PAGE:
The first introduction for The Dagger’s health and fitness column was about how to decide your F-I-T factor and how to get moving on your journey to become fit. To be honest, food comes time and time again right to the top of the list of problems when people are trying to become healthier. If you exercise your heart out day in and day out without adjusting your diet, unless you have awesome family genes, you will most likely struggle obtaining your goals.
Food, calories, yada yada–it is a tough subject. And, everyone asks me about food even though I’m not a Nutritionist or Dietician. Food is part of personal training. I struggle with food too. I mean I’m only human, and in a world where there is commercial after commercial for McDonald’s, Wendy’s, Chili’s etc. it sometimes difficult to avoid crap. Our world is filled with options of food that do not fuel our body appropriately. You have to make a conscious decision to choose to eat healthy—everyday.
I tell my clients who need to lose weight to write everything down, but I don’t. I’m not a hypocrite, I just currently do not desire to lose weight. That’s not my goal. I think writing a food journal is a pain, but I have learned over the years, and I did previously write EVERYTHING—seriously, every single thing down. It works. It holds you accountable because who wants to write down that they ate a Big Mac with large fries and a large coke? Or a Venti Frappachino with whipped cream? So, if you want to lose weight then I highly recommend keeping a food journal.
What I can tell you, as a personal trainer, is a generalization of how to eat and what to eat. I can also let you know what I’ve learned over the years, and what has worked for me. Will it work for you? Who knows, because each of us are different and our bodies although it is generally the same, some of our bodies like more fat, some more protein, some more carbs, etc. In fact, one of my fellow RKC’s, Tracy Reifkind, just wrote an article about food journals because I complained about it. Those lovely apps that everyone downloads on their phones are terrible—why, you ask? Well, because they expect you to eat food with bar codes. If you don’t, then you have to literally itemize every single item in your salad or dinner. Talk about tedious–my salad has a lot of vegetables, avocado, some chicken, and an egg…no barcode there.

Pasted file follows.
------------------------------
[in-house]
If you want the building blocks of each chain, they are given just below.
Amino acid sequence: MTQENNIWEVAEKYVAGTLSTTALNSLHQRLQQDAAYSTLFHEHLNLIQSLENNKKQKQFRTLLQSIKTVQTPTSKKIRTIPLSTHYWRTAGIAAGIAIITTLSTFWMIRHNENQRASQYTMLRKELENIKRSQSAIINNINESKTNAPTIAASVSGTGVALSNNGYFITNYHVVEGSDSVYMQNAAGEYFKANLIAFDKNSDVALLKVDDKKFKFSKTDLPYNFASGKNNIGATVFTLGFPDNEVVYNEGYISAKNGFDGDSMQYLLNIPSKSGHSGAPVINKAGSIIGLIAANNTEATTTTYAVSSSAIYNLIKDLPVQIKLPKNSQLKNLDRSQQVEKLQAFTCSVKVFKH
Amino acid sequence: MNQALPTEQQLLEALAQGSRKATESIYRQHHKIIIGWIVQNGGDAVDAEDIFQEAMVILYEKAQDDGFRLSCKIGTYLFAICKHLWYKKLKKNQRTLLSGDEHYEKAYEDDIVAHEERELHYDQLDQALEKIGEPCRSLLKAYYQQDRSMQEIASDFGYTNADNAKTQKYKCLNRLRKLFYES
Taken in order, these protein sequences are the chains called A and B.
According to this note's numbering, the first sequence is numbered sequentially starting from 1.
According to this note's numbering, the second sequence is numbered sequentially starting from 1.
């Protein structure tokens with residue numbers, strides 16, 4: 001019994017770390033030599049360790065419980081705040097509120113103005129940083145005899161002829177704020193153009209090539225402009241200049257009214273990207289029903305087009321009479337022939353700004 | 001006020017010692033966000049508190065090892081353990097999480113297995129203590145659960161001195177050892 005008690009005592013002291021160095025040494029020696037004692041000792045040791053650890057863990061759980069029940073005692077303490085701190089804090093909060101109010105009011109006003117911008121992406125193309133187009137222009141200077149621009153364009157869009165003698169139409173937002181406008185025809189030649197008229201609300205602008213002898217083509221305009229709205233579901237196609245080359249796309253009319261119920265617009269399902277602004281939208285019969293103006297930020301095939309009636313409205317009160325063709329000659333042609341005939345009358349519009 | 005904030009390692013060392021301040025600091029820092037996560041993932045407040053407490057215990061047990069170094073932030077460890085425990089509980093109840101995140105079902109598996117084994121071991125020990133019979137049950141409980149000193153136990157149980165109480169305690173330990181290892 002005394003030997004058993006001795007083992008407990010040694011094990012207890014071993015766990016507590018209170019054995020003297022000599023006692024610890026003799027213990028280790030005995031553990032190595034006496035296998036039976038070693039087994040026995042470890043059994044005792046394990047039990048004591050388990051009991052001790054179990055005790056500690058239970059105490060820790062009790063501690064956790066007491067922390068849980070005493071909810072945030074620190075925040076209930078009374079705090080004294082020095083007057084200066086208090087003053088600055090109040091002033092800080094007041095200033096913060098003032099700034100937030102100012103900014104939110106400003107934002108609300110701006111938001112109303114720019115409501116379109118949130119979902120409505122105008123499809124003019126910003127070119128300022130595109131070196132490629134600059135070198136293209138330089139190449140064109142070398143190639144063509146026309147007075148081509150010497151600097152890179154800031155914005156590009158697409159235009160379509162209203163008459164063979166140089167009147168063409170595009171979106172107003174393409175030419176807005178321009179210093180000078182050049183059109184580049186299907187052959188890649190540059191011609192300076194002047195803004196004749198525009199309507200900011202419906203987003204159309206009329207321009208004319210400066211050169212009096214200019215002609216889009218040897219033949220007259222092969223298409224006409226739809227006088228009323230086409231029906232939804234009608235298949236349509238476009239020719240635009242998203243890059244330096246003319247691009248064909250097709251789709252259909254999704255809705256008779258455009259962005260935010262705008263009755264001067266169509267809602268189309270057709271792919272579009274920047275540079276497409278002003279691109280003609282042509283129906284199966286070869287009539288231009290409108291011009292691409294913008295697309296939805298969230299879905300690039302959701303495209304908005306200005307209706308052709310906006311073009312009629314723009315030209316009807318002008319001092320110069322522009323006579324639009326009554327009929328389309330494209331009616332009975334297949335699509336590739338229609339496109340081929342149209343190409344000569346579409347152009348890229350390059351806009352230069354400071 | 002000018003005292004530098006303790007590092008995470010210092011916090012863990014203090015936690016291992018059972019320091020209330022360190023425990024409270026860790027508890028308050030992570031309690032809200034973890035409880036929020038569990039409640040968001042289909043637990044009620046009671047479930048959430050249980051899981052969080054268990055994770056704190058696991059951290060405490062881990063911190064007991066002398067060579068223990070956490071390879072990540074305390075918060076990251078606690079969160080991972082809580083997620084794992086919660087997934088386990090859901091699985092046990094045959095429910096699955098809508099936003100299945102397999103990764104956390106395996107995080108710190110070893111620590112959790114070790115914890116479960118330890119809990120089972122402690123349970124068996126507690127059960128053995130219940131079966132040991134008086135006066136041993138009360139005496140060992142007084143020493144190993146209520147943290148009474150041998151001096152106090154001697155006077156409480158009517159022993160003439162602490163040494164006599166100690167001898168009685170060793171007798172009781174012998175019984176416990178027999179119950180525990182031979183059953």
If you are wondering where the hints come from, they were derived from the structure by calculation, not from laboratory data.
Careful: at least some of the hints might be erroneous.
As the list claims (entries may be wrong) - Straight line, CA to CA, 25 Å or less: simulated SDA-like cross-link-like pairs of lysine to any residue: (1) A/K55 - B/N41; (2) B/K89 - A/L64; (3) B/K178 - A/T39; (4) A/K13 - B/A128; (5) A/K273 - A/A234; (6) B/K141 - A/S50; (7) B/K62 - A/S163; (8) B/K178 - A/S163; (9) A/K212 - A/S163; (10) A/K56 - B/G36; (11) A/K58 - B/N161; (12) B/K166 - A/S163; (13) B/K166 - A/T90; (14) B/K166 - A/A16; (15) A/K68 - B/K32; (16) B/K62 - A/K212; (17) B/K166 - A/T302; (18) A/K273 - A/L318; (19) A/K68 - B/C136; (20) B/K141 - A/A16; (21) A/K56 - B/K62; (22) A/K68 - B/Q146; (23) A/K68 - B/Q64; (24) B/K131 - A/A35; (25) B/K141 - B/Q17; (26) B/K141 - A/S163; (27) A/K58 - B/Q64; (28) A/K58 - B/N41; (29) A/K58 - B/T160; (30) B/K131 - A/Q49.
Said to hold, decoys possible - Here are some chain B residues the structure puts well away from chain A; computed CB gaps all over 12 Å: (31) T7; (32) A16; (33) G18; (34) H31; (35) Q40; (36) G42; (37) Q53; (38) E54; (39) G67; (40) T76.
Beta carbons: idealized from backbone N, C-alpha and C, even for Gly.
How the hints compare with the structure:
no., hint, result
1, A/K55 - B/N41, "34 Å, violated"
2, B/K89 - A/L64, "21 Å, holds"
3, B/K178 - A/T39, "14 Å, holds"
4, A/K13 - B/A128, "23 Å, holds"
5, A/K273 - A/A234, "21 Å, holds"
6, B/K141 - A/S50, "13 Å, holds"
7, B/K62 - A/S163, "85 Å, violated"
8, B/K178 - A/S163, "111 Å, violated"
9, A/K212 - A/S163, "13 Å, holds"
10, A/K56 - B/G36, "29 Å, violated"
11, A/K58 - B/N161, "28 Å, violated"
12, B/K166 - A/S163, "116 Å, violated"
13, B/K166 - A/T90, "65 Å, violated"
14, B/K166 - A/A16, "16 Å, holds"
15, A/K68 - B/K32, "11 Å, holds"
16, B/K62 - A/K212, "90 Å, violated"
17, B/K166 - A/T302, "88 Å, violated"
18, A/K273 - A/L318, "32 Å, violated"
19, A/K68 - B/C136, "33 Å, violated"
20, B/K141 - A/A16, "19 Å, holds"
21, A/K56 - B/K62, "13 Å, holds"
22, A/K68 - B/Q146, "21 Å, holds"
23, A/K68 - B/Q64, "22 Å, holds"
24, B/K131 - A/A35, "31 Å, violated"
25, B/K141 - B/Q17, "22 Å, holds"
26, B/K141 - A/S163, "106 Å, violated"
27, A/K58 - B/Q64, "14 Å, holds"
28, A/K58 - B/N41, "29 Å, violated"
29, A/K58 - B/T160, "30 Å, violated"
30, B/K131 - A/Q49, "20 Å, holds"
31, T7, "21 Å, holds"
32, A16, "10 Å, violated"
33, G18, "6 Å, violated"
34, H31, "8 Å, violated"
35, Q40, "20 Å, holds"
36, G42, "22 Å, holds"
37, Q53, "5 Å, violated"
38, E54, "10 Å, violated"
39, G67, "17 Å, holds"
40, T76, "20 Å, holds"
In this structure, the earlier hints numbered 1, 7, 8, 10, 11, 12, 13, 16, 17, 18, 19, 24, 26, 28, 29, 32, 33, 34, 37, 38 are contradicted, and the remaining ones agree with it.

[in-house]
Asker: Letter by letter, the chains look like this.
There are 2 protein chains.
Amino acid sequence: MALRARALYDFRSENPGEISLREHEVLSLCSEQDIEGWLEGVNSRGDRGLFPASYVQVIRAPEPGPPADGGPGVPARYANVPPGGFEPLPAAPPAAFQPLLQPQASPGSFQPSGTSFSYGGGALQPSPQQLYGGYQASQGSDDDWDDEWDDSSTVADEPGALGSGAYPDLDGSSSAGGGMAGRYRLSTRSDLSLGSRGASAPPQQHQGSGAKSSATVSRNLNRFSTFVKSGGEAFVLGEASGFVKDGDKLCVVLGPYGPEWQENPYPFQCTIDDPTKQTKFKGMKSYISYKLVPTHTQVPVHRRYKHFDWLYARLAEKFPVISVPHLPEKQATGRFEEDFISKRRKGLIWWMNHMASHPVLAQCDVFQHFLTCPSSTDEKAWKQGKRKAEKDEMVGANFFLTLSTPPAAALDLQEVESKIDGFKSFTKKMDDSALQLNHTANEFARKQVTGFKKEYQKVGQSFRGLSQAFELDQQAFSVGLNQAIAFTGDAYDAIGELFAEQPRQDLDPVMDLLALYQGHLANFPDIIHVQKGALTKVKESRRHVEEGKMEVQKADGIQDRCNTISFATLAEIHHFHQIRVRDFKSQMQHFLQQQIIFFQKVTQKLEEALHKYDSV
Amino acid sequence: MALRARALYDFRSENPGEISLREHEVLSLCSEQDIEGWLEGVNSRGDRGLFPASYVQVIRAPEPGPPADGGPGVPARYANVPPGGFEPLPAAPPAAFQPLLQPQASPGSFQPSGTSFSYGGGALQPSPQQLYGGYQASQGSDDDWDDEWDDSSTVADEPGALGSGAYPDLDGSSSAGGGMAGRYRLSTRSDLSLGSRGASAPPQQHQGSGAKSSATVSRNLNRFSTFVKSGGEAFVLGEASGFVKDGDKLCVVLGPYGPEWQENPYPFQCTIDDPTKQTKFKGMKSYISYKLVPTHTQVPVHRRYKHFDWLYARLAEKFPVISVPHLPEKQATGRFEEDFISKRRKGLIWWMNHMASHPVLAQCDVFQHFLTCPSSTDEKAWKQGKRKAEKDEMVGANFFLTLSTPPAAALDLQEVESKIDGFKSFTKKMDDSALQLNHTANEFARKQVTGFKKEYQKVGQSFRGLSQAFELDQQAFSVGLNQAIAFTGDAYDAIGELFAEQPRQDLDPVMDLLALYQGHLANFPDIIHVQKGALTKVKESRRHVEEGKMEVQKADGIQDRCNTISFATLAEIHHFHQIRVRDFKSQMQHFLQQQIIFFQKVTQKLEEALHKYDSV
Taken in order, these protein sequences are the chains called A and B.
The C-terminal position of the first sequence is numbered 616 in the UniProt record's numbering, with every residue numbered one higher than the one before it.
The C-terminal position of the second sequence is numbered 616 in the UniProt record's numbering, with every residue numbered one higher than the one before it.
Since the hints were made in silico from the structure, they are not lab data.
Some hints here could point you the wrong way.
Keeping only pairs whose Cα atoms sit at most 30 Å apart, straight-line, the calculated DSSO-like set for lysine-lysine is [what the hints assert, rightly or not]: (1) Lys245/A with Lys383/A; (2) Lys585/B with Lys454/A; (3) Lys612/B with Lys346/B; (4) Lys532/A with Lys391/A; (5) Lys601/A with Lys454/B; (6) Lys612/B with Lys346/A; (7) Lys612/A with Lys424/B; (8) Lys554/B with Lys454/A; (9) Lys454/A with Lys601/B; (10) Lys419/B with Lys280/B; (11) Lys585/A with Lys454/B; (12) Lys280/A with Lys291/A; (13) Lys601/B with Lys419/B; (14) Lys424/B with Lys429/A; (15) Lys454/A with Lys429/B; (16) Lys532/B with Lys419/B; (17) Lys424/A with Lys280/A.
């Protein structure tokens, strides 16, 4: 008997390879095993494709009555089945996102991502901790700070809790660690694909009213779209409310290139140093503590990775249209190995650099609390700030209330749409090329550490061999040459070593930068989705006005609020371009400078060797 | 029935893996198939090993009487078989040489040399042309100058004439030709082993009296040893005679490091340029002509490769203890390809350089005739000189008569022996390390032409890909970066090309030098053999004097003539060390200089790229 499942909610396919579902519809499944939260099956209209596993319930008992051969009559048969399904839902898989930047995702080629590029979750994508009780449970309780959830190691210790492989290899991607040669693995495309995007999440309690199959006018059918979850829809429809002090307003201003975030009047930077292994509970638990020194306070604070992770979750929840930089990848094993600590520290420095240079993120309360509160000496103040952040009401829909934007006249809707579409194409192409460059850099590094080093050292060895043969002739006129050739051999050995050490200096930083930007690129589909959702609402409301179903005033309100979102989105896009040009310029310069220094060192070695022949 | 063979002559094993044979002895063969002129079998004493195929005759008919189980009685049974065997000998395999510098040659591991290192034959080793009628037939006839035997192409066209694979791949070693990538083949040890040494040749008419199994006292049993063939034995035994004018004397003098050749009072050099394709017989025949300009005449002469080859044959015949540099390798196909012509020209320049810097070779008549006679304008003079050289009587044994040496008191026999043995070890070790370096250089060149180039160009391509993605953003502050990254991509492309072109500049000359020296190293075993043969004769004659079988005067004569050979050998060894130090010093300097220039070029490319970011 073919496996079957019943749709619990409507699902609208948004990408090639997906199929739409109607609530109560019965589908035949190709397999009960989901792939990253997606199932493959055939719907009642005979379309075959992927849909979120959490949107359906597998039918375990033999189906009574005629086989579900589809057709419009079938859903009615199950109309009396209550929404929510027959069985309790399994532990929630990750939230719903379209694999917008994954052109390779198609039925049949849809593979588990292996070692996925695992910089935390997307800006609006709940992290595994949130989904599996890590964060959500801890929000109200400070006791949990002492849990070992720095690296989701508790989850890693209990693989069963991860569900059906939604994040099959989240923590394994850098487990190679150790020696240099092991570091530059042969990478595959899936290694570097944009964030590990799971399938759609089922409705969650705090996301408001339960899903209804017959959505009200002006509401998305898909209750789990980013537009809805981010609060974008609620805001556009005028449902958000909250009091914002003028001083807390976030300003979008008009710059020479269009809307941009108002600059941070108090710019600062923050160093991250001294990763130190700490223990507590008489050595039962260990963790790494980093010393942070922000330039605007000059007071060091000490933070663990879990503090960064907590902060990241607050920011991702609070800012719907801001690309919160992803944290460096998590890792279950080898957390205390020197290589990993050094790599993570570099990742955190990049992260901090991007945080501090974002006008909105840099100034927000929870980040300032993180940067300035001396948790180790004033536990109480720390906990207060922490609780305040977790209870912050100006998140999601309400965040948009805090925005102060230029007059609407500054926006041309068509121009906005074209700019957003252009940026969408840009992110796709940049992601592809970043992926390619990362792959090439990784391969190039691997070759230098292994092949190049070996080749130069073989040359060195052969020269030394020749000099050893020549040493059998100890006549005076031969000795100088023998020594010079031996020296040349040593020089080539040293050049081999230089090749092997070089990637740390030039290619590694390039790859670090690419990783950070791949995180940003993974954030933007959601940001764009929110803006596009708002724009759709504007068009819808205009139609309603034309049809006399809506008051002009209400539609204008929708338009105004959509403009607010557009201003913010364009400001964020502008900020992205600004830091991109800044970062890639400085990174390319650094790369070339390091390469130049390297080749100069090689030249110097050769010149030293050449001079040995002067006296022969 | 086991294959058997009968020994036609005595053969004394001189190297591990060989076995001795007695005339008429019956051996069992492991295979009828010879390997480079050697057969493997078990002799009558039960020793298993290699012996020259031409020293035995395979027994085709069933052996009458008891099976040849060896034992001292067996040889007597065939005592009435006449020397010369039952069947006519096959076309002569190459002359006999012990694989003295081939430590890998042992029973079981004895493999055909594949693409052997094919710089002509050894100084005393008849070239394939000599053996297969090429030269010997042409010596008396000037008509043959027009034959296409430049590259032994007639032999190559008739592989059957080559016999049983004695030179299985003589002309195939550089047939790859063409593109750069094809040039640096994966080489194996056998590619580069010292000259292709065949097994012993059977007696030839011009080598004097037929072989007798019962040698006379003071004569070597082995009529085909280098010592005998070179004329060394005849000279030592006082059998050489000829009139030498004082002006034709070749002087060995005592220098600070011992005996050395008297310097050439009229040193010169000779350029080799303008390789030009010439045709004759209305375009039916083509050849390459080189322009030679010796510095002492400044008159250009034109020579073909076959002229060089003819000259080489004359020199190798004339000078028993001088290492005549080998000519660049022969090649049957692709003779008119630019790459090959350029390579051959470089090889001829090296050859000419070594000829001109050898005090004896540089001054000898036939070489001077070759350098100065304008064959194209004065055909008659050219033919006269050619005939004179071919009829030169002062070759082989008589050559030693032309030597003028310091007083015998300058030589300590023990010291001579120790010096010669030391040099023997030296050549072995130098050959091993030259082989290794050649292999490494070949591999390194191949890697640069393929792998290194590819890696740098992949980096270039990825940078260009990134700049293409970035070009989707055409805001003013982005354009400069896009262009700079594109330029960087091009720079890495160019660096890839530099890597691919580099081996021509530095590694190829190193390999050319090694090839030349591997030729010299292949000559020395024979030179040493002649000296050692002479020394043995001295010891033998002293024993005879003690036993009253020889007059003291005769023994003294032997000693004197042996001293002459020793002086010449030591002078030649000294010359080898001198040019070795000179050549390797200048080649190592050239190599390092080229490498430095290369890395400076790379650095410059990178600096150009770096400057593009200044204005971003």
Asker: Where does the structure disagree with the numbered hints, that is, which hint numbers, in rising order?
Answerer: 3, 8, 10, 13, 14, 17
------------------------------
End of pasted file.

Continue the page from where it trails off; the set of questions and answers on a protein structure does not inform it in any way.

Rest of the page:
Here’s the bottom line about food—I eat when I’m hungry. I eat real food all the time. I do love ice cream though—I even have an ice cream cone tattooed on my underarm. TMI, right. I have a splurge day on the weekend and sometimes it both days, but not always. I overeat on the weekends because I choose not to moderate self-control on the weekends—I CHOOSE not to. However, sometimes I do choose self-control on the weekends, especially if a vacation is coming up because I know I’ll splurge a little more there. That’s just me. Every person will differ here. I’ve had clients who cannot have splurge days because they cannot get back on track. I’ve had clients who just dislike the splurge days because the food is so different and makes their bodies feel sluggish. Moving on.
Let’s talk about HOW to eat. I’ve learned that if I eat REAL FOOD, REAL FREAKING FOOD SERIOUSLY that my body works and feels great! It’s funny because in Michael Pollan’s book, he says “Eat food. Not too much. Mostly plants.” I love that and it was the best advice that I’ve read so far in a book. I don’t need to overeat as much when I follow his advice. When I eat crap food it runs through me. It doesn’t sustain my body. There is a huge difference between good calories and empty calories—i.e., salad with free range chicken, loaded with vegetables vs. pop tarts or some frozen dinner. I just read this from the Lift Big Eat Big blog and had to share, “if you can’t picture it [the food you’re about to eat] within three stages of it’s natural state (good luck breaking a Pop-Tart down to this), you likely shouldn’t be eating it.” Think about that.